EDP Sciences
Free access
Volume 507, Number 2, November IV 2009
Page(s) 635 - 638
Section Cosmology (including clusters of galaxies)
DOI http://dx.doi.org/10.1051/0004-6361/200912571
Published online 24 September 2009
A&A 507, 635-638 (2009)
DOI: 10.1051/0004-6361/200912571

Tully-Fisher relation, key to dark companion of baryonic matter

Y. Sobouti, A. Hasani Zonoozi, and H. Haghi

Institute for Advanced Studies in Basic Sciences (IASBS), PO Box 45195-1159, Zanjan, Iran
    e-mail: [sobouti;a.hasani;haghi]@iasbs.ac.ir

Received 26 May 2009 / Accepted 20 August 2009

Rotation curves of spiral galaxies i) fall off much less steeply than the Keplerian curves do; and ii) have asymptotic speeds almost proportional to the fourth root of the mass of the galaxy, the Tully-Fisher relation. These features alone are sufficient for assigning a dark companion to the galaxy in an unambiguous way. In regions outside a spherical system, we design a spherically symmetric spacetime to accommodate these peculiarities. Gravitation emerges in excess of what the observable matter can produce. We attribute the excess gravitation to a hypothetical, dark, perfect fluid companion to the galaxy and resort to the Tully-Fisher relation to deduce its density and pressure. The dark density turns out to be proportional to the square root of the mass of the galaxy and to fall off as $r^{-(2+\alpha)}, ~\alpha\ll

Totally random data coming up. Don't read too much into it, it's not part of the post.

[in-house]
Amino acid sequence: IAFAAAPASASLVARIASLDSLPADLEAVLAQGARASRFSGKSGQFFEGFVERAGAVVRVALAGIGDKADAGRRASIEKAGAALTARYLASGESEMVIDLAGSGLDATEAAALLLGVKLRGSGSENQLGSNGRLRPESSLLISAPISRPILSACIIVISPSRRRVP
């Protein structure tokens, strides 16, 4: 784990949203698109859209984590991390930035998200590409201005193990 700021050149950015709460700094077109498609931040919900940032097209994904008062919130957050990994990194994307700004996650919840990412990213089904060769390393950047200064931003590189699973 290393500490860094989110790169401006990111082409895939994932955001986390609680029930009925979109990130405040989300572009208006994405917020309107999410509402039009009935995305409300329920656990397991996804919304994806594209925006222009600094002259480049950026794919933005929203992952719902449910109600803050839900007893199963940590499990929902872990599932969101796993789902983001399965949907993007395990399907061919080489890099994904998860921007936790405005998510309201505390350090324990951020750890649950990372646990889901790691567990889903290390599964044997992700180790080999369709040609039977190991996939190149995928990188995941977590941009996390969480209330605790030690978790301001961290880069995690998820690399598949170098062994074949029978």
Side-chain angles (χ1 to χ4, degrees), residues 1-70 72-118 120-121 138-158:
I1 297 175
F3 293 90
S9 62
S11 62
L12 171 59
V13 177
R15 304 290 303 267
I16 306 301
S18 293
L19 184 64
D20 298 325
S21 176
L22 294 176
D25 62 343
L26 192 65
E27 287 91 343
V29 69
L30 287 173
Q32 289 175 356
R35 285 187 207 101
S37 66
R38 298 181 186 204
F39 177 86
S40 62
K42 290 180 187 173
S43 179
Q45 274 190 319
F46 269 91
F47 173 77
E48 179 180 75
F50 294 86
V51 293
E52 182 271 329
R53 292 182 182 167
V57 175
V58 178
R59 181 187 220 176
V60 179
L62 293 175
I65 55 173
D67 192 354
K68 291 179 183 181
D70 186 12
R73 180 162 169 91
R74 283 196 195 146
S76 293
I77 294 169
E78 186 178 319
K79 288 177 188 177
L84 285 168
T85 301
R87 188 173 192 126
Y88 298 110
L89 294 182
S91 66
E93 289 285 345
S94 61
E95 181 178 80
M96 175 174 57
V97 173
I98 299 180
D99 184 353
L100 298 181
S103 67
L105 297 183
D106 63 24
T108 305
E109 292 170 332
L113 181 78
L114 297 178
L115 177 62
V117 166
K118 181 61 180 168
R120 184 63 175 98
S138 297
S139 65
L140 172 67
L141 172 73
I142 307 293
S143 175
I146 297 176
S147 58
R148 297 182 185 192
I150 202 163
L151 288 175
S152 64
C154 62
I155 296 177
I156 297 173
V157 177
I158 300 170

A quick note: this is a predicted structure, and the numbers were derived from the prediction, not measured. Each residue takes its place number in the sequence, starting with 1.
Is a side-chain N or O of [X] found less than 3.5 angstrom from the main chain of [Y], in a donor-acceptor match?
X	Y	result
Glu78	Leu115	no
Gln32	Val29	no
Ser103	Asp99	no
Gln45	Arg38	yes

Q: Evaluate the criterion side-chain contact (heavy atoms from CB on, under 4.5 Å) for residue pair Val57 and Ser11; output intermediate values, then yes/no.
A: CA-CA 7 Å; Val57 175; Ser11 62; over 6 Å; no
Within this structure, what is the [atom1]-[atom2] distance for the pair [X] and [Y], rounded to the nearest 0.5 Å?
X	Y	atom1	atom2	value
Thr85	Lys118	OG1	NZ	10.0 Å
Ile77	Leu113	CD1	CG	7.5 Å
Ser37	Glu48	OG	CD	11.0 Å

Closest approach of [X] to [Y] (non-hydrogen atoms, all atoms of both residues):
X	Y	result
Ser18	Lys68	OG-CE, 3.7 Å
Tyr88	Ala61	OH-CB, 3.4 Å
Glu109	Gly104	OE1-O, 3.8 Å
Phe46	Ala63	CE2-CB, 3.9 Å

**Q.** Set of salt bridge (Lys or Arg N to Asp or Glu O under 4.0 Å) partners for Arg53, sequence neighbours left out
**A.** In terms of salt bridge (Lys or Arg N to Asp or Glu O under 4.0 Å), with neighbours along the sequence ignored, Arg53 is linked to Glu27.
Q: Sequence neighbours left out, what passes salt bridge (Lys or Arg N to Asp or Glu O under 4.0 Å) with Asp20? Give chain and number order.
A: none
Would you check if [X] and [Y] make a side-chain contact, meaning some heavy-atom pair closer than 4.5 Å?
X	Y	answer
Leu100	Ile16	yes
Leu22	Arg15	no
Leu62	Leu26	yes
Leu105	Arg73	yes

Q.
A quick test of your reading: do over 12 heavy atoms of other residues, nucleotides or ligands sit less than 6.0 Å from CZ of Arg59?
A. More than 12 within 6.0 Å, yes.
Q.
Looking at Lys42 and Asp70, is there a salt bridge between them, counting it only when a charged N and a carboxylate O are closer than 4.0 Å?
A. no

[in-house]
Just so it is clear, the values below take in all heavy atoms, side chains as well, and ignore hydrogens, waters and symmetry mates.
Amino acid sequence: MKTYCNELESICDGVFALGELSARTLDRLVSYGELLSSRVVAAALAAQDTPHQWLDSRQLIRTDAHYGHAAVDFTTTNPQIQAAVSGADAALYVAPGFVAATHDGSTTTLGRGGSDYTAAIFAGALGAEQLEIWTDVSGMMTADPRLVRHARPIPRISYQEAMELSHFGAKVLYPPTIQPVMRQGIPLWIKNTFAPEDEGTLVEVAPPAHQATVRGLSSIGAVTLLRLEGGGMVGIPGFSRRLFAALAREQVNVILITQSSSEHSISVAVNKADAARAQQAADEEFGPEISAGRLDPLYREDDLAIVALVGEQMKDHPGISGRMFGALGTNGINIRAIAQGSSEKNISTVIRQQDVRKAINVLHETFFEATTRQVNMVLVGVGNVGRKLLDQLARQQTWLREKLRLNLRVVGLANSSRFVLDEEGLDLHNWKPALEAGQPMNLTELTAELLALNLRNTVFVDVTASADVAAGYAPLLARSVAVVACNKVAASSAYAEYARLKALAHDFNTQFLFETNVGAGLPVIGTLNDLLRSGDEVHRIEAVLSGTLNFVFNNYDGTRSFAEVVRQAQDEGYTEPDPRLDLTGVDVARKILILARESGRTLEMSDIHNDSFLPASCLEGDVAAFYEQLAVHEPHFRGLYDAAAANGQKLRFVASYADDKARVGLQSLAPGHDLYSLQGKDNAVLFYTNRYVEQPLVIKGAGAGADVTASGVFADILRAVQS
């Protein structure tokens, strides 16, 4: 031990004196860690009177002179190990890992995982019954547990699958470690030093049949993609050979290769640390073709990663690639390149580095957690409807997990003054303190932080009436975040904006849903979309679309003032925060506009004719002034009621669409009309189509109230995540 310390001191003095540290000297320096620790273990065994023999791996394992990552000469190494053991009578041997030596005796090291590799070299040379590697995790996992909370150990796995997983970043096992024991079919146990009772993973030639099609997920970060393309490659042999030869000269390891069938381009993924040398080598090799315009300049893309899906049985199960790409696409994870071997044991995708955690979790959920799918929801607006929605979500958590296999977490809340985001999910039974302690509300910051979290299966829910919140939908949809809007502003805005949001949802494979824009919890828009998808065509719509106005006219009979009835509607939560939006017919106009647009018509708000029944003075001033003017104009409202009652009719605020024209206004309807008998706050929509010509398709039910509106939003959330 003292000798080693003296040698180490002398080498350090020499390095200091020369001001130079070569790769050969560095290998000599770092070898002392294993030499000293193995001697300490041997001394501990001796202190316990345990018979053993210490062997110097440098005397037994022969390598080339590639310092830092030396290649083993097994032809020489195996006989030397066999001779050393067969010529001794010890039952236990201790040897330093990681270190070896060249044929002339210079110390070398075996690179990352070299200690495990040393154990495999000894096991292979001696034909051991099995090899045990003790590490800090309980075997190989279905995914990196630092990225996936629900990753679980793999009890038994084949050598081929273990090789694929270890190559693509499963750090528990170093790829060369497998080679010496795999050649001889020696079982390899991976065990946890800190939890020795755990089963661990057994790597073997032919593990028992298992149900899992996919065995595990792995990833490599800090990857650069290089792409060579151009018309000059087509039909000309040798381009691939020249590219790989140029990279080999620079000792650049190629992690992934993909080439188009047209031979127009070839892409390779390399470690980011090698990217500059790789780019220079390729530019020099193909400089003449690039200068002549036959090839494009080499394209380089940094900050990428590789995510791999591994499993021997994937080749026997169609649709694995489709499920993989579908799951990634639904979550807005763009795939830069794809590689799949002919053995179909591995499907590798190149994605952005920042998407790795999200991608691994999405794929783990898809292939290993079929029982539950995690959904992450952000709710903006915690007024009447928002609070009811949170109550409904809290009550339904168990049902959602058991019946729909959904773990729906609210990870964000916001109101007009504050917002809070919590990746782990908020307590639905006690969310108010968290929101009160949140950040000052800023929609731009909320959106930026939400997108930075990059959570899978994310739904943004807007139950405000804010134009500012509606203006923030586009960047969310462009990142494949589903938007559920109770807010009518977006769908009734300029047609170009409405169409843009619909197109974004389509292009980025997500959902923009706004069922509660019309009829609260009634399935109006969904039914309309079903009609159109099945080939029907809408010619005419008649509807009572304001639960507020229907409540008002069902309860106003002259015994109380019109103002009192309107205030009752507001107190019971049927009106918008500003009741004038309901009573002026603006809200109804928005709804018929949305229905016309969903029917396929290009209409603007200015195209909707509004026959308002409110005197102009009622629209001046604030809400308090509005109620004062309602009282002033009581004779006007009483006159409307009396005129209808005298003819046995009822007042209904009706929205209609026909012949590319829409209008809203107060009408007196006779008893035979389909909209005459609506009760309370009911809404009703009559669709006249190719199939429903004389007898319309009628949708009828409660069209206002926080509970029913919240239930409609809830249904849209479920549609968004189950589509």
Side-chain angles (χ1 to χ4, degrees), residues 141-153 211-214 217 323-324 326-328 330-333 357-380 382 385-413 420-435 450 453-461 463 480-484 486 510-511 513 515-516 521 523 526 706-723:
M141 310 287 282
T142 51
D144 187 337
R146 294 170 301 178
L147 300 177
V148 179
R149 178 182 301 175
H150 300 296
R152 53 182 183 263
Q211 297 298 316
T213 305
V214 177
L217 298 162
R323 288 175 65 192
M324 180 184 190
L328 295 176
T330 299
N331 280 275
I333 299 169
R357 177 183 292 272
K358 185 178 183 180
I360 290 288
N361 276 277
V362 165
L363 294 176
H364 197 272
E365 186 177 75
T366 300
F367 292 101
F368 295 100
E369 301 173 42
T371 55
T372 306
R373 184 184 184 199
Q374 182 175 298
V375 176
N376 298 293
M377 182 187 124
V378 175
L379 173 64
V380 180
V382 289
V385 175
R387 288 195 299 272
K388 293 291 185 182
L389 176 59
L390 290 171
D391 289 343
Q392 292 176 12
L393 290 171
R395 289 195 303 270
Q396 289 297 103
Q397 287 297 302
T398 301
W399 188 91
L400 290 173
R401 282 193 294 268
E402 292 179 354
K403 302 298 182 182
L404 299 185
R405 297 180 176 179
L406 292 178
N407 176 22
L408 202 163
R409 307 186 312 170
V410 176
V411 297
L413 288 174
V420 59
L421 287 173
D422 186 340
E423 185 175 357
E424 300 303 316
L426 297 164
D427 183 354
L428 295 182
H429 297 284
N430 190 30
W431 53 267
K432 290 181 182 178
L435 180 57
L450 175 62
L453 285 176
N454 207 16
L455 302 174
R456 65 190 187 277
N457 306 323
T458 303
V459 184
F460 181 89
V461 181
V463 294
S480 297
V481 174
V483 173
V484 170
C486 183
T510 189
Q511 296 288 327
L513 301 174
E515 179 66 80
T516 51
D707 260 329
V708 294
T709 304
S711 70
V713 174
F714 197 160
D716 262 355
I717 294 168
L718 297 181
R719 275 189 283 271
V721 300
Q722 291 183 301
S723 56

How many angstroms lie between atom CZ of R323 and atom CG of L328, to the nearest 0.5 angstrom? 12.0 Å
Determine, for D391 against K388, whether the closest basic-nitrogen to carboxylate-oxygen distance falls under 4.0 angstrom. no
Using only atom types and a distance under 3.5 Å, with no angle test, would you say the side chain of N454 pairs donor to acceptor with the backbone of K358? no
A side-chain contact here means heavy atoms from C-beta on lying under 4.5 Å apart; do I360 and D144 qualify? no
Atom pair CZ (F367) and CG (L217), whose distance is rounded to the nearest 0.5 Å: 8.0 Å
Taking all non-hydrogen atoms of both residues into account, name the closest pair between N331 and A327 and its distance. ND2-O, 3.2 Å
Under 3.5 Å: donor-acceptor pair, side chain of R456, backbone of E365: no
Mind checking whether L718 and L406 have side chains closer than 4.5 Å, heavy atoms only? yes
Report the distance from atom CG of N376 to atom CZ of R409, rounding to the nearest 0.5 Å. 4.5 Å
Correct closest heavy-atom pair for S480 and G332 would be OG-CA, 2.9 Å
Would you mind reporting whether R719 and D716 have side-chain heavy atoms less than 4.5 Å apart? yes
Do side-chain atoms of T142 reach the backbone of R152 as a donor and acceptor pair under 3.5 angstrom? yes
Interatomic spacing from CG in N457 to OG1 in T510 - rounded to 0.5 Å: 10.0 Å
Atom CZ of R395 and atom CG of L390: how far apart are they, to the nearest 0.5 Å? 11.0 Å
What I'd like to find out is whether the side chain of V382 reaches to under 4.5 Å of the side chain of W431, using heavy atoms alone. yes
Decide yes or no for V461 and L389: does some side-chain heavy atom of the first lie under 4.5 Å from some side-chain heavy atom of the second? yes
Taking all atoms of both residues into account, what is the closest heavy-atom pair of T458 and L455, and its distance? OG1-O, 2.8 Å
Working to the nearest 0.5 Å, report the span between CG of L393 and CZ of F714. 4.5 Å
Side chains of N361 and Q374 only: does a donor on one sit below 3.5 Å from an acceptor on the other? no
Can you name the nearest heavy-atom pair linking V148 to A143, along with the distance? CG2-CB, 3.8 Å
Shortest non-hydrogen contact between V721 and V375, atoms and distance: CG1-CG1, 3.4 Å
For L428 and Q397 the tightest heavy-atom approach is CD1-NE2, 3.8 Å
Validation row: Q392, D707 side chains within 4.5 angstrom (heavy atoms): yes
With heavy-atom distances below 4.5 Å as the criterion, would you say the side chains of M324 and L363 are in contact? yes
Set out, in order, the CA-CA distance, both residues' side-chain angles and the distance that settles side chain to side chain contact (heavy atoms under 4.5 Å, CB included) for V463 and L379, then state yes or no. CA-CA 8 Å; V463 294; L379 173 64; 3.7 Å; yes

1$. The dark equation of state is barrotropic. For the interior of the configuration, we require the continuity of the total force field at the boundary of the system. This enables us to determine the size and the distribution of the interior dark density and pressure in terms of the structure of the observable matter. The formalism is nonlocal and nonlinear, and the density and pressure of the dark matter at any spacetime point turn out to depend on certain integrals of the baryonic matter over all or parts of the system in a nonlinear manner.

Key words: gravitation -- methods: numerical -- galaxies: spiral -- cosmology: dark matter

© ESO 2009